Illinois Gov. Patrick Quinn continues to be seen as the latest gubernatorial enemy of public-sector unions this week, even though, unlike New Jersey Gov. Chris Christie, Wisconsin Gov. Scott Walker and other Republicans, he had previously been a labor ally who owed his recent election in part to union support.
Across the state Tuesday, thousands of American Federation of State, County and Municipal Employees (AFSCME) members protested against Quinn because of the governor’s issuing of an emergency rule to cancel about $75 million worth of scheduled raises to more than 30,000 AFSCME members at 14 state agencies. Quinn has maintained the situation is out of his control because state legislators didn’t approve enough money in the budget to cover the raises.
The union had hoped a state legislative committee (the Joint Committee on Administrative Rules, set up as a check on the governor’s power) would take up the issue at its meeting Tuesday, but it did not. The Chicago Tribune quoted AFSCME Council 31 executive director Henry Bayer saying:
What’s really at stake here is the collective bargaining process itself… Every union should be paying attention, because if the governor can get away with this, with not honoring our agreement, any governor can walk away from any agreement by simply declaring he didn’t have enough money to pay it.
In the town of Kewanee, workers at a youth juvenile detention center protested outside of an American Legion office – a location they chose instead of the youth center itself to reach more passersby, the local paper reported:
Members of Local 801 of the American Federation of State, County and Municipal Employees (AFSCME) got positive responses to their protest Tuesday from most of the motorists who passed on Railroad Avenue. It probably didn’t hurt that union employees at BOMAG and Great Dane were getting off work at the time.
AFSCME workers affected include many prison guards and juvenile detention workers, workers at mental health centers and administrators. AFSCME organized protests at 75 locations Tuesday.
In a lawsuit filed July 8, AFSCME state council 31 alleged the pay freeze violated equal protection rights and the union’s collective bargaining agreements (and a master agreement) with the state over periods beginning in September 2008 and running through June 2012.
In order for a promise of no lay-offs after a budget crisis developed in 2009, AFSCME agreed to delay half of their two percent raises due last summer and also in January to June 2011. But when that date came and went, the union was told the money still isn’t available. Along with delaying the raises, the union also saved the state $300 million with voluntary furlough days and $70 million worth of changes to the state health plan, according to AFSCME’s lawsuit.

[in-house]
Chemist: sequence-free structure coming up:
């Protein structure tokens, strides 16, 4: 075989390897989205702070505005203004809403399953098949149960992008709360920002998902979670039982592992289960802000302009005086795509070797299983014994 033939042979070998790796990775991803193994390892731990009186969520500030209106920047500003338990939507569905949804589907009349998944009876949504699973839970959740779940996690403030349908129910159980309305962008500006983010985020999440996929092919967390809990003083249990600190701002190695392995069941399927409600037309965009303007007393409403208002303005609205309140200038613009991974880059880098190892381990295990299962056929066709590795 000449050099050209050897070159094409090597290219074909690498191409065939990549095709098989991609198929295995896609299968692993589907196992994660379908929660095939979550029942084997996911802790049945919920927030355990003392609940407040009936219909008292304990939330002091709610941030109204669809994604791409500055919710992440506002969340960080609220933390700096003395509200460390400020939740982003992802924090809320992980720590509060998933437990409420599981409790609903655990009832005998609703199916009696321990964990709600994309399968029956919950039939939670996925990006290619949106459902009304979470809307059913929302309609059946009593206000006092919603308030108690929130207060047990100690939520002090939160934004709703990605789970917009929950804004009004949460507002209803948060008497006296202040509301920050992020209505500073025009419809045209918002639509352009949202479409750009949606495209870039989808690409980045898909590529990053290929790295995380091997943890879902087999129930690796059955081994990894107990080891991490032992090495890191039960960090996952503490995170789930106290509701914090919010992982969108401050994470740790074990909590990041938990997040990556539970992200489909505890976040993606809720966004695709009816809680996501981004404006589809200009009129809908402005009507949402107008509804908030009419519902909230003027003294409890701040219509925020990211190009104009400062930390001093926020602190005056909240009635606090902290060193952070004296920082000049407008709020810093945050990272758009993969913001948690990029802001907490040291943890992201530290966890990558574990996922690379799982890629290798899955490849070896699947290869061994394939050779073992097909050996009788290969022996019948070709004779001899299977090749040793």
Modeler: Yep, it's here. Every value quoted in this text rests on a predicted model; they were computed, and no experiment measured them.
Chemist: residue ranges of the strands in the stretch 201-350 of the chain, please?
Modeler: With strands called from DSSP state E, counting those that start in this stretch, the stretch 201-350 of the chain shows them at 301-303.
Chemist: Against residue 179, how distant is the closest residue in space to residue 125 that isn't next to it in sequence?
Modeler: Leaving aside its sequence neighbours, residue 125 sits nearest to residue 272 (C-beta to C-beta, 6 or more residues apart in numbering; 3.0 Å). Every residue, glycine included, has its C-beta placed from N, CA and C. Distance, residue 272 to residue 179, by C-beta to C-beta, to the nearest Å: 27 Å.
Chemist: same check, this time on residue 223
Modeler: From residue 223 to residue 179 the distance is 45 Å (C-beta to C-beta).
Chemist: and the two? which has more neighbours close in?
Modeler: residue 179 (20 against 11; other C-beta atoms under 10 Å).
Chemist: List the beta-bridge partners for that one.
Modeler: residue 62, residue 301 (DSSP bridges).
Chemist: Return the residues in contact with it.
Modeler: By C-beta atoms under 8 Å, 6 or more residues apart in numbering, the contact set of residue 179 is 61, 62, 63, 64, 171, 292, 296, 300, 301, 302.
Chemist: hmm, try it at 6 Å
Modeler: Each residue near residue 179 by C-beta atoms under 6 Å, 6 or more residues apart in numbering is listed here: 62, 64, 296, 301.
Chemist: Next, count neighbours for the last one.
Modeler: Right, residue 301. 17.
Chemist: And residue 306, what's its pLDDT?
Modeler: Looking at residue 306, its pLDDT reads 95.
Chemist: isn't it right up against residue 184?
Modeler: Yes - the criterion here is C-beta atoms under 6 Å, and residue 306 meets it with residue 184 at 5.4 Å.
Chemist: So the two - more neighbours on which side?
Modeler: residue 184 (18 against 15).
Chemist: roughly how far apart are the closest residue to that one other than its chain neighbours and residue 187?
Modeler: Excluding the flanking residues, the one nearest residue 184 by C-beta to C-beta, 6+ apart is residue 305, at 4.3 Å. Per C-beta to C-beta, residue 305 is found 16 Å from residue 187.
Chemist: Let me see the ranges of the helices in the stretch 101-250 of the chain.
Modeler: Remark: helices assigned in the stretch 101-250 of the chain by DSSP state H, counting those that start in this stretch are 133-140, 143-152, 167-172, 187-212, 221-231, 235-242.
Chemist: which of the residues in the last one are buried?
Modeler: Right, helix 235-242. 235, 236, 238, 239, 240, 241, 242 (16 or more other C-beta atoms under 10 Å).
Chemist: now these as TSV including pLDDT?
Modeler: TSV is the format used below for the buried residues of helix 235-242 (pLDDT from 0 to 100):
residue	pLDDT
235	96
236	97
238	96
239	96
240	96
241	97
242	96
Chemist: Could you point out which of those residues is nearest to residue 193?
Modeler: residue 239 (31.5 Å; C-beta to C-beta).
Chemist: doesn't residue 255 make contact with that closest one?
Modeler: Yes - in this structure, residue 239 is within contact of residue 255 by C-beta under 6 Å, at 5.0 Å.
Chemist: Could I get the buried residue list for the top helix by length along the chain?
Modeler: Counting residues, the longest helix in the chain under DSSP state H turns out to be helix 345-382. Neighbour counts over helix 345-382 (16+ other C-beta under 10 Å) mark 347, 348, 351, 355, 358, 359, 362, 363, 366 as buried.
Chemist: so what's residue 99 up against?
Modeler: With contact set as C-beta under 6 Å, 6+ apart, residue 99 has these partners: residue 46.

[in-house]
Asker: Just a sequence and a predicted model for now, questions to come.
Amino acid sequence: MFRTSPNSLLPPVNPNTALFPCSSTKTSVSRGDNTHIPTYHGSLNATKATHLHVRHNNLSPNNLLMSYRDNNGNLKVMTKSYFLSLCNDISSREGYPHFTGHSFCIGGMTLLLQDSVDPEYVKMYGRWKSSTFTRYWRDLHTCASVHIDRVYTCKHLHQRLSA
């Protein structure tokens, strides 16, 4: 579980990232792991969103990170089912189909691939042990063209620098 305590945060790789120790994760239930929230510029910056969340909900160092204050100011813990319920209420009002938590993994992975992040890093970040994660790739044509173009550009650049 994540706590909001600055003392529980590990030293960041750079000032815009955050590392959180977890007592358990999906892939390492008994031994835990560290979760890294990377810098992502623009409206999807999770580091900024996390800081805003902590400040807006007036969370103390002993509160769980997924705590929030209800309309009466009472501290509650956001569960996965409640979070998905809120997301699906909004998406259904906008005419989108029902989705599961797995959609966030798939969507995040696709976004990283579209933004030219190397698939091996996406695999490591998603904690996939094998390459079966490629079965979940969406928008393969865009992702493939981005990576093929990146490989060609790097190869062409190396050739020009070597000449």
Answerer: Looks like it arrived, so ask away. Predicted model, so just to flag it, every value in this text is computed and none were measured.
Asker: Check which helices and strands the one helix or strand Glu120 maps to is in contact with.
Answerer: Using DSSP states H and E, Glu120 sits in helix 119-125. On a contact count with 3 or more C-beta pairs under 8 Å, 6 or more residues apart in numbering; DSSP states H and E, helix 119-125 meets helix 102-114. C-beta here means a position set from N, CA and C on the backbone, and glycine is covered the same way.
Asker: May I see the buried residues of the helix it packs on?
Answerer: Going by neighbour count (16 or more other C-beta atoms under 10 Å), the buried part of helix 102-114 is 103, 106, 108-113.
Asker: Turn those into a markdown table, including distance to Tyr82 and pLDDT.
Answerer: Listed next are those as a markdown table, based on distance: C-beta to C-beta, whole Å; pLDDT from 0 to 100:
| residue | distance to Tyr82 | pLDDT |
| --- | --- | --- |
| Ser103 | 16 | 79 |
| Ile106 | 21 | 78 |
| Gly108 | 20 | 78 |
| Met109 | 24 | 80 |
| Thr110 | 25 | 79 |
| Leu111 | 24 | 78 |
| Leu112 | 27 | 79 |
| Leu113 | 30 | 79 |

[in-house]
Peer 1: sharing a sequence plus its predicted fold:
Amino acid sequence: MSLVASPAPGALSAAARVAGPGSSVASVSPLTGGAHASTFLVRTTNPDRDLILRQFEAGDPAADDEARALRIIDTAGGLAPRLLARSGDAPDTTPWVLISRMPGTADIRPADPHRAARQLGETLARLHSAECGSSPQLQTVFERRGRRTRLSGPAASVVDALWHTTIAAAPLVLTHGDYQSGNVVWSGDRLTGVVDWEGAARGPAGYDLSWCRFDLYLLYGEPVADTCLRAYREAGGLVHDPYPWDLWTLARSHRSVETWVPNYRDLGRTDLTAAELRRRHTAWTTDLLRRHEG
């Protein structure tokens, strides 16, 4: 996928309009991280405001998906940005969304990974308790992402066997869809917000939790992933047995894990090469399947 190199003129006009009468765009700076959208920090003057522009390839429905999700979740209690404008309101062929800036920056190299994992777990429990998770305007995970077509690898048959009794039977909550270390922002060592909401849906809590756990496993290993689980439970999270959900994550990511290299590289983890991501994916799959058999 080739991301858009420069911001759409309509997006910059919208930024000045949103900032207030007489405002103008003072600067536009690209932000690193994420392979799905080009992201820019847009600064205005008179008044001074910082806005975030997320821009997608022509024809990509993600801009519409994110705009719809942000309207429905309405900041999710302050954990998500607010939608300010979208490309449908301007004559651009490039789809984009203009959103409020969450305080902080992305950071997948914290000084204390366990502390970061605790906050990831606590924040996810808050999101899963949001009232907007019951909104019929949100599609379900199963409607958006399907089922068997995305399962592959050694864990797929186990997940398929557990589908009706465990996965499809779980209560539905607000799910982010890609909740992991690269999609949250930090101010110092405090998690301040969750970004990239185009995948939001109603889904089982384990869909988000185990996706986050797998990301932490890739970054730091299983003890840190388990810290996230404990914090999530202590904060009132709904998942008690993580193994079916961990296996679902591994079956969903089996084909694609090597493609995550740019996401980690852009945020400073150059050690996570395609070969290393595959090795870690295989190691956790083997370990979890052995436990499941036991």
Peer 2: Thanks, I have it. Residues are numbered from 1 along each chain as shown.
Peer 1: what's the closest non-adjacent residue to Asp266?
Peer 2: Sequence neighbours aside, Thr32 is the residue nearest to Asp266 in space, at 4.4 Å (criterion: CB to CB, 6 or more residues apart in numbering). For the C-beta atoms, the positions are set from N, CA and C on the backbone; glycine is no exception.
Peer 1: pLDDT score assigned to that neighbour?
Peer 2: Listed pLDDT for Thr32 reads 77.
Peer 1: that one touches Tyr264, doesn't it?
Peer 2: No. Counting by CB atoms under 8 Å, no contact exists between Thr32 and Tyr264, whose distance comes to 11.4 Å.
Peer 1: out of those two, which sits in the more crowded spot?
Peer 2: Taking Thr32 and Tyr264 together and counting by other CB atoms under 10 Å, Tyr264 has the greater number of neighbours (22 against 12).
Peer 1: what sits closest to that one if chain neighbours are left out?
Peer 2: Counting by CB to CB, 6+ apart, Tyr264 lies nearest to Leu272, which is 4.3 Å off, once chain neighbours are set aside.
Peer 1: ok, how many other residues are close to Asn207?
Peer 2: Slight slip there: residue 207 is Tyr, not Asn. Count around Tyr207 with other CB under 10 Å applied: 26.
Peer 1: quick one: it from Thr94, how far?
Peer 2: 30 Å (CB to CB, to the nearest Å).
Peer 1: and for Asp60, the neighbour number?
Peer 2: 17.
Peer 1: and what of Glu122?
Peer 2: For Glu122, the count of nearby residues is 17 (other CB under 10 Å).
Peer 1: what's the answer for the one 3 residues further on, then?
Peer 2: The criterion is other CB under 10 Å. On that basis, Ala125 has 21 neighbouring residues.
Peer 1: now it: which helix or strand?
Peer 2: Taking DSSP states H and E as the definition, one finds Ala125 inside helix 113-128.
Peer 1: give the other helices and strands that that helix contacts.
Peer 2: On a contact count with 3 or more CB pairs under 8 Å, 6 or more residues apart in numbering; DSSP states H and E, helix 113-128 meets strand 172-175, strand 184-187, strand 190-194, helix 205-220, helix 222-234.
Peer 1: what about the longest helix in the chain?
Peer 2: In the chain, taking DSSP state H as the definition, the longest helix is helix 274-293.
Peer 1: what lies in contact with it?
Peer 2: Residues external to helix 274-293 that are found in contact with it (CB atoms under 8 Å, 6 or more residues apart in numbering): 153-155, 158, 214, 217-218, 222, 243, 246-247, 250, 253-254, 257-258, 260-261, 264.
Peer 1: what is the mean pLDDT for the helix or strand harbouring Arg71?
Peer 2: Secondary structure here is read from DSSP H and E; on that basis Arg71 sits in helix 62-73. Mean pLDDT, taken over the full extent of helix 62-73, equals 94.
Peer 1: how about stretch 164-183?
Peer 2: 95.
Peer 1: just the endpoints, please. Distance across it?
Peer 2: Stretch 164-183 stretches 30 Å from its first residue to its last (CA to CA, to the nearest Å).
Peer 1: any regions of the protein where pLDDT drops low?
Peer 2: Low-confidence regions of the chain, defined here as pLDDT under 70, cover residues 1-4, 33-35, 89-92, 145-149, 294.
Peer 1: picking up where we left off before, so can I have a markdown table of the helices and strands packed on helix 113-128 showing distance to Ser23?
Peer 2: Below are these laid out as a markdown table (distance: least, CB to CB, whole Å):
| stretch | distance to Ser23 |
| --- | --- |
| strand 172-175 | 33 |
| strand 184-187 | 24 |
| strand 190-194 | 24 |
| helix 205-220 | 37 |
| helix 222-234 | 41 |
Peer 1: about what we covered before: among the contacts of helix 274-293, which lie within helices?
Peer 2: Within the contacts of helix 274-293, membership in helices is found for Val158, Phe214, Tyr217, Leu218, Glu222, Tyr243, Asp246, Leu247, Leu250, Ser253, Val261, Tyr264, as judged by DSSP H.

Last fall the union and state officials started meeting again to identify how to address budget shortfalls expected in 2012. They identified ways to save at least $50 million, the union says.
Quinn approved the FY2012 budget on June 30, with a line item veto meaning a budget cut of $376 million. A memo from the state’s Central Management Services issued the next day — the day before July 4 weekend — said the promised raises (including the previously delayed raises) and raises based on longevity and step-increases would not be paid out.
The lawsuit filed July 8 alleges that state employees in other departments performing similar functions to those with frozen pay are still being paid their contractually obligated raises, hence the charge that the state is violating the equal protection clause of the 14th Amendment. The lawsuit says that the state could move money around from other pots to cover the raises.
AFSCME has asked for an independent arbitrator to get involved.
Earlier this month Quinn’s spokesperson said in a statement:
If the state paid these increases, the impacted agencies would not be able to make payroll for the entire fiscal year, preventing them from continuing operations and providing core services to the people of Illinois.
AFSCME’s website said after the protests:
The shock waves were felt across state government, and the response from union members was immediate and strong… the issue now is about more than a pay raise. It’s about the integrity of the union contract and collective bargaining itself.
That’s why within just a few days time, thousands of state workers joined the picket lines at dozens of worksites. Together they sent a clear, strong message to Governor Quinn: Hands Off Our Contract!